I recently came across the documentation for Gorilla, an experiment building software. Within their randomisation tools, they have the option for “Attrition Sensitive Nodes”. This aim of this is to ensure that, after removing participants with missing outcome data, there are an equal number of participants in each arm.
It does so using block randomisation, but where people with missing outcome data are removed from their block. Then, the next people who enter the study are assigned to fill in the vacated space in this block.
Here is how they describe it:
- Imagine we have a simple between-subject experiment with two groups. The Randomiser leads to Group A and Group B via two checkpoint nodes. We want 12 participants overall and the randomiser is set to 2:2 Balanced.
- We launch the experiment.
- Participants come into our experiment and get assigned as follows: AABB, ABAB, BABA
- Our experiment is now full and participants can no longer join. Great!
- Participants start completing our experiment. Participants AABB, BB, BABA all complete. 2 remain live both on the A branch. It might be that these participants have got bored and wandered off.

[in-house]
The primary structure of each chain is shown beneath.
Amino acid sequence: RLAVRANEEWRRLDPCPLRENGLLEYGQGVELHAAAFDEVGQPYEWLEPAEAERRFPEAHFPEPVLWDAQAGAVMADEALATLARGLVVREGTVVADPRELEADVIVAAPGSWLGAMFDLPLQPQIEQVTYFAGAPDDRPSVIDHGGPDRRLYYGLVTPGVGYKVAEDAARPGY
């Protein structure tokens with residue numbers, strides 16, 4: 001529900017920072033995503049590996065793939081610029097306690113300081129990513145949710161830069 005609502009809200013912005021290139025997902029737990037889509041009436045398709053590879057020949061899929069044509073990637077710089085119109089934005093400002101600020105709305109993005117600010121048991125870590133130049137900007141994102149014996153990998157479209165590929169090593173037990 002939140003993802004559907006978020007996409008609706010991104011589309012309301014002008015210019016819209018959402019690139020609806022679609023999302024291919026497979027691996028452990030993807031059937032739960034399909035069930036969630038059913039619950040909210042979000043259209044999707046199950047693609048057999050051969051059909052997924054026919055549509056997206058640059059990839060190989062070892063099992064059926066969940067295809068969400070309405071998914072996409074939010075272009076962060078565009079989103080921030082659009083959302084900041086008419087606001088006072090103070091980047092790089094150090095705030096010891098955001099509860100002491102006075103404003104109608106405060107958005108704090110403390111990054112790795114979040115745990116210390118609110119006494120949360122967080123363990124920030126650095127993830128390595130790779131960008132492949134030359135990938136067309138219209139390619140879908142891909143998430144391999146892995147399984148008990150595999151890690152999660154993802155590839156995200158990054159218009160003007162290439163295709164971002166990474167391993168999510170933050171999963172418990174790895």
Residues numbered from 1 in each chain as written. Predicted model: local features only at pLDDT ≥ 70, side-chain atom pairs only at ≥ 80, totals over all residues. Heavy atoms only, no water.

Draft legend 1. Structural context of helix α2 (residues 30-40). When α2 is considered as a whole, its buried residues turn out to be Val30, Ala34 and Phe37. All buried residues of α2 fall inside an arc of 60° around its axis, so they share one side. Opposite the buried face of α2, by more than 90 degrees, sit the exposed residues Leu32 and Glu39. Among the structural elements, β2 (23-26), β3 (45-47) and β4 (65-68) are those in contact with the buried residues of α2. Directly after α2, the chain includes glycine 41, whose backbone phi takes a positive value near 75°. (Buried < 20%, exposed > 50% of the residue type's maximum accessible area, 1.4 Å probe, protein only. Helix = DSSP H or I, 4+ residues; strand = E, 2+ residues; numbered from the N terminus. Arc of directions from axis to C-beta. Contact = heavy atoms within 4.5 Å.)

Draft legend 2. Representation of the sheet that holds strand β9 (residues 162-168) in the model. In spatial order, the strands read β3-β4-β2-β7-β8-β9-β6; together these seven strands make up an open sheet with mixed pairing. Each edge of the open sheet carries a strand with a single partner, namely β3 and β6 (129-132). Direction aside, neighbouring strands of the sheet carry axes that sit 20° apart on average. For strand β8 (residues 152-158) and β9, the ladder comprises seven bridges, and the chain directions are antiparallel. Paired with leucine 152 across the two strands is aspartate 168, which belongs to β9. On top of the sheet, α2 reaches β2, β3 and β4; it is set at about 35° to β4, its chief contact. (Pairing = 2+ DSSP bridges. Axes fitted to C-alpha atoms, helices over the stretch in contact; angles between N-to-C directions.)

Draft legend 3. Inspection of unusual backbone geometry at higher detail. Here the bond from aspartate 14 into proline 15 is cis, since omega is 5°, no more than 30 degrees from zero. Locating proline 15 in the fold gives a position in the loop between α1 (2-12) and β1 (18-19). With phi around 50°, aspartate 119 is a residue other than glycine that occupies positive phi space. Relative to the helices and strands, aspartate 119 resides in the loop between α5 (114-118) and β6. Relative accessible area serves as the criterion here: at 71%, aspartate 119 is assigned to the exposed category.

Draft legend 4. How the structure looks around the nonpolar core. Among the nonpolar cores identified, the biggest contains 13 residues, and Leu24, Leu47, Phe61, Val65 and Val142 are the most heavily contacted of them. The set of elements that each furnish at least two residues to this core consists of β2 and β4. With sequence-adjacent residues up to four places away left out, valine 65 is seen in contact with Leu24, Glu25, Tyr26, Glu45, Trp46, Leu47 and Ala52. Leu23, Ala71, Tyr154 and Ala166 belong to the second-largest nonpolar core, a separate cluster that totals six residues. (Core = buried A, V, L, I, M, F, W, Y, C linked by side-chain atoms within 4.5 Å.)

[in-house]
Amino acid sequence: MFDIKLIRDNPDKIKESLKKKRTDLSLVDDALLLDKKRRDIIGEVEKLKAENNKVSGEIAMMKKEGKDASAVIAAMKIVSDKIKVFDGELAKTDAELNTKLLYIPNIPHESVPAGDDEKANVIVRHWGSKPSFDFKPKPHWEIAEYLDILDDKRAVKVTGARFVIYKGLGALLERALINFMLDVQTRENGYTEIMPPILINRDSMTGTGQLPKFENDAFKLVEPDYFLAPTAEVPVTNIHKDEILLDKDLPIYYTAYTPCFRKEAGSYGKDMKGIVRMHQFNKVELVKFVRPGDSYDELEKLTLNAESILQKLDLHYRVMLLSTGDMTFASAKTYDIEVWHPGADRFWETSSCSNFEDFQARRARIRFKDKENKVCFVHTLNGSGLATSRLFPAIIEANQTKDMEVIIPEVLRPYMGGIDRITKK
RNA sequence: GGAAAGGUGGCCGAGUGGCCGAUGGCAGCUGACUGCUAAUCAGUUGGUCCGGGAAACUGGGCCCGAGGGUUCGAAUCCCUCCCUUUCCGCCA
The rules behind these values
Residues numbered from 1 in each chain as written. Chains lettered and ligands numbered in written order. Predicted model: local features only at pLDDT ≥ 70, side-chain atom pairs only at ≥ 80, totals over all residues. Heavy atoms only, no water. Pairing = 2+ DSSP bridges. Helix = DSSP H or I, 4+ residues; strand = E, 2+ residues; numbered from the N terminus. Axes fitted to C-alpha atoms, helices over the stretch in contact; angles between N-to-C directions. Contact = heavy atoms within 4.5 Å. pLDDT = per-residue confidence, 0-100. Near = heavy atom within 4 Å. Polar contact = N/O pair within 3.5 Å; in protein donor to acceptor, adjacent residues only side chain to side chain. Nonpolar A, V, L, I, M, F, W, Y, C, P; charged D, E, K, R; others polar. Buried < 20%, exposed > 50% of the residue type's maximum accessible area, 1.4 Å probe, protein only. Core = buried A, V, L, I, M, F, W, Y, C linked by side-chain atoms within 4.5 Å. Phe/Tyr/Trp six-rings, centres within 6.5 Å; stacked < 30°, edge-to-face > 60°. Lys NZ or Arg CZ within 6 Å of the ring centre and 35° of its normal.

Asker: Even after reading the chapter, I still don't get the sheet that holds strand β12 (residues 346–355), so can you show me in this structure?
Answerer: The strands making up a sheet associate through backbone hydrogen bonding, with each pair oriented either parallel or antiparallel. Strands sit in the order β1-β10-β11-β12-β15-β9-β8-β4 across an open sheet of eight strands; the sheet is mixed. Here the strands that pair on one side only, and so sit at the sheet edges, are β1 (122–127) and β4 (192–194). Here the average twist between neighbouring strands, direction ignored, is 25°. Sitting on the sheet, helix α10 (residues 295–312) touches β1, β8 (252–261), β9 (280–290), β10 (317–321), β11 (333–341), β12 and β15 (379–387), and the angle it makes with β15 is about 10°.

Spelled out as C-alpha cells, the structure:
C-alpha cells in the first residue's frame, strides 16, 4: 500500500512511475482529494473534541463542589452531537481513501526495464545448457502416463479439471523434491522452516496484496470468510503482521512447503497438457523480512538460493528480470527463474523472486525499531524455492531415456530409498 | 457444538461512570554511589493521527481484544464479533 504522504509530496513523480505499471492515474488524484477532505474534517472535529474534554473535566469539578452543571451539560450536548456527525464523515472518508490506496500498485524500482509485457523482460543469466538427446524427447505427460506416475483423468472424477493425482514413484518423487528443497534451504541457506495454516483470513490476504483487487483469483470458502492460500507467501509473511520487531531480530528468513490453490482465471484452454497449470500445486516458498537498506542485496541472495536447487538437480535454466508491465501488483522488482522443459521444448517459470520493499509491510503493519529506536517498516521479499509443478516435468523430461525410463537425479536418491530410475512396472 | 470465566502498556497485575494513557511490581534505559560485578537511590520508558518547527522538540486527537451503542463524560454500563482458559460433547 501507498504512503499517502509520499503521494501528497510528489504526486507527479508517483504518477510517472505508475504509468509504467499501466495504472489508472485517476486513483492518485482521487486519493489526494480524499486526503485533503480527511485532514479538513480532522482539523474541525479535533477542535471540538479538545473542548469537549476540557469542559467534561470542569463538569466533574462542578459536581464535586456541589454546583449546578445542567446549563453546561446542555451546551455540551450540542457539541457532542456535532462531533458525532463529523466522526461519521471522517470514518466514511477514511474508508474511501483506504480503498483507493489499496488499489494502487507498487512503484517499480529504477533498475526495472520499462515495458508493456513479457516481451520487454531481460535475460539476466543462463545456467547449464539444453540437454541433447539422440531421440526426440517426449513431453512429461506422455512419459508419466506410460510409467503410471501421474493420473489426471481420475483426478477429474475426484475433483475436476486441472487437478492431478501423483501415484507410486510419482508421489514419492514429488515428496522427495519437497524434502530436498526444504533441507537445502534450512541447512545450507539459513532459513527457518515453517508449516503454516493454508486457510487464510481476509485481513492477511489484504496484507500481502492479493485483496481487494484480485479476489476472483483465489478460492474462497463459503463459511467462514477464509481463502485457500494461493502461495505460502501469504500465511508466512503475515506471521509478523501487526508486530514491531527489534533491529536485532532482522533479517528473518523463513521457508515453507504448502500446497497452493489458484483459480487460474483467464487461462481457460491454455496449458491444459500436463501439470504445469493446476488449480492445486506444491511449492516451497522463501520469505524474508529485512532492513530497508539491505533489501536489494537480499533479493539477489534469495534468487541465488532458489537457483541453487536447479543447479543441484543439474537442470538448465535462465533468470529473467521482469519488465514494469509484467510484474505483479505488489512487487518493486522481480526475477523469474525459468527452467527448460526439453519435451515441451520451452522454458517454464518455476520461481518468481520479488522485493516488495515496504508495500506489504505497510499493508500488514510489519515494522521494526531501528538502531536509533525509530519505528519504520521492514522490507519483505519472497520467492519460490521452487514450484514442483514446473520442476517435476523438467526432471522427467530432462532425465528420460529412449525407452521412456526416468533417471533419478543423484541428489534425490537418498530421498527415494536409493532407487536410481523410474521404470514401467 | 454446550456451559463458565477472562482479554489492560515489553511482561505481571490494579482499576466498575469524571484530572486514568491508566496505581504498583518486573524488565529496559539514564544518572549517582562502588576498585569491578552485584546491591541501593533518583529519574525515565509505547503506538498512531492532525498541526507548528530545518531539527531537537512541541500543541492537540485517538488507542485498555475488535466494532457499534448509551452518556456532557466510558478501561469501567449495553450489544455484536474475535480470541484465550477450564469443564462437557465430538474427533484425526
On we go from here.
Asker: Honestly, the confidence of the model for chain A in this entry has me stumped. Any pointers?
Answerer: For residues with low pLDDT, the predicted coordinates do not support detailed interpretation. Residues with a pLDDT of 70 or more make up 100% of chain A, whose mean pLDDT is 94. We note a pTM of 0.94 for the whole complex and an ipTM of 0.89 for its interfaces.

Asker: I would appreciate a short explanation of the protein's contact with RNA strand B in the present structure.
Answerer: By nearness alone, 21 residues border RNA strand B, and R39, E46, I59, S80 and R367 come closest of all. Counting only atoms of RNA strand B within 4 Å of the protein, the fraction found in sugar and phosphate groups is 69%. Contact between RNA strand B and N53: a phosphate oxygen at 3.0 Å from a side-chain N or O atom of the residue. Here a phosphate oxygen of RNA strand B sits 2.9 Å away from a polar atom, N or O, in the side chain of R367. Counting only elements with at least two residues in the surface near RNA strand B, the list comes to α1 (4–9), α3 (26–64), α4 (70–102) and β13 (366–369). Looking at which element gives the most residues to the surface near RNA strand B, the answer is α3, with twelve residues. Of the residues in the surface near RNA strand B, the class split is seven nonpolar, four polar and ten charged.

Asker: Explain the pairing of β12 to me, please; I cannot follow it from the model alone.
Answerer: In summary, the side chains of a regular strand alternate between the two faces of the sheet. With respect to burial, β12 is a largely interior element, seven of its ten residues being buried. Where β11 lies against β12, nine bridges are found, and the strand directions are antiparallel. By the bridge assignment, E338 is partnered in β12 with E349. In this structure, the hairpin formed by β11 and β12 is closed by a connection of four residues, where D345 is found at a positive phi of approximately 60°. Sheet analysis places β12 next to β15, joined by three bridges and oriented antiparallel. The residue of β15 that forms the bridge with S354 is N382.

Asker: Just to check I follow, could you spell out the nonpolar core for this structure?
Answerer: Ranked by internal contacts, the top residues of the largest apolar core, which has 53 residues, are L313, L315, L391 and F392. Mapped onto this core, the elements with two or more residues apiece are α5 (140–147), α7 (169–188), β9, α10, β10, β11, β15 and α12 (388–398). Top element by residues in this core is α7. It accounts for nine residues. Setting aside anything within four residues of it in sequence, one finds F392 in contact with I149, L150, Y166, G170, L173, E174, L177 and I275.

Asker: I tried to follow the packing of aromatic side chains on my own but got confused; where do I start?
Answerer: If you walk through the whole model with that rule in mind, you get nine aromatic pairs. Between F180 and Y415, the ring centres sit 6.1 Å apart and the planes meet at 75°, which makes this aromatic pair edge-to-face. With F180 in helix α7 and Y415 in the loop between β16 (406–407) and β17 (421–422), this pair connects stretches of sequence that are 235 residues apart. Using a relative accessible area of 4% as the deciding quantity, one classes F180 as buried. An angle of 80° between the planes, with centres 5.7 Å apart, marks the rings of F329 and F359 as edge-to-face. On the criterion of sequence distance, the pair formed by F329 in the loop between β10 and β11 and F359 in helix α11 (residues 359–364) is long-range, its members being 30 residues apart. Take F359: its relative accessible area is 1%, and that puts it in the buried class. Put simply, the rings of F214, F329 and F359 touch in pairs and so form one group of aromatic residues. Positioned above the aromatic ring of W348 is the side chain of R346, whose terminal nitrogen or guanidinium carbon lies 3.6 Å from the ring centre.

- After the appropriate time, both these participants are automatically rejected.
- Our experiment is no longer full.
- New participants join.
- Gorilla checks to see if any branch assignments have been returned due to attrition. They have (AA).
- These assignments are handed out to new participants until they are consumed. The Allocator Node does exactly that: it will give us complete information on how many participants were recruited, how many completed and how much attrition there was in each condition, before reassigning new participants to a branch. On the face of it, it’s simple. But we also need to factor in Version Control across experiments and how to manage this.
This approach seems problematic to me. In the example given above, participants who fill in the vacated spaces in the blocks are essentially not being randomised: they are being assigned with 100% probability to one group or the other. Moreover, the purpose of this approach is to account for differential attrition. But, if there is differential attrition, this method guarantees that participants in the high attrition group will be recruited later on average than those in the low attrition group.
I have three questions:
What do people think about this approach?
Is there an analysis that could salvage data from a trial that used this approach?
Are there better ways to ensure group sizes are relatively balanced after removing participants with missing outcome data (or is this goal fundamentally misguided)?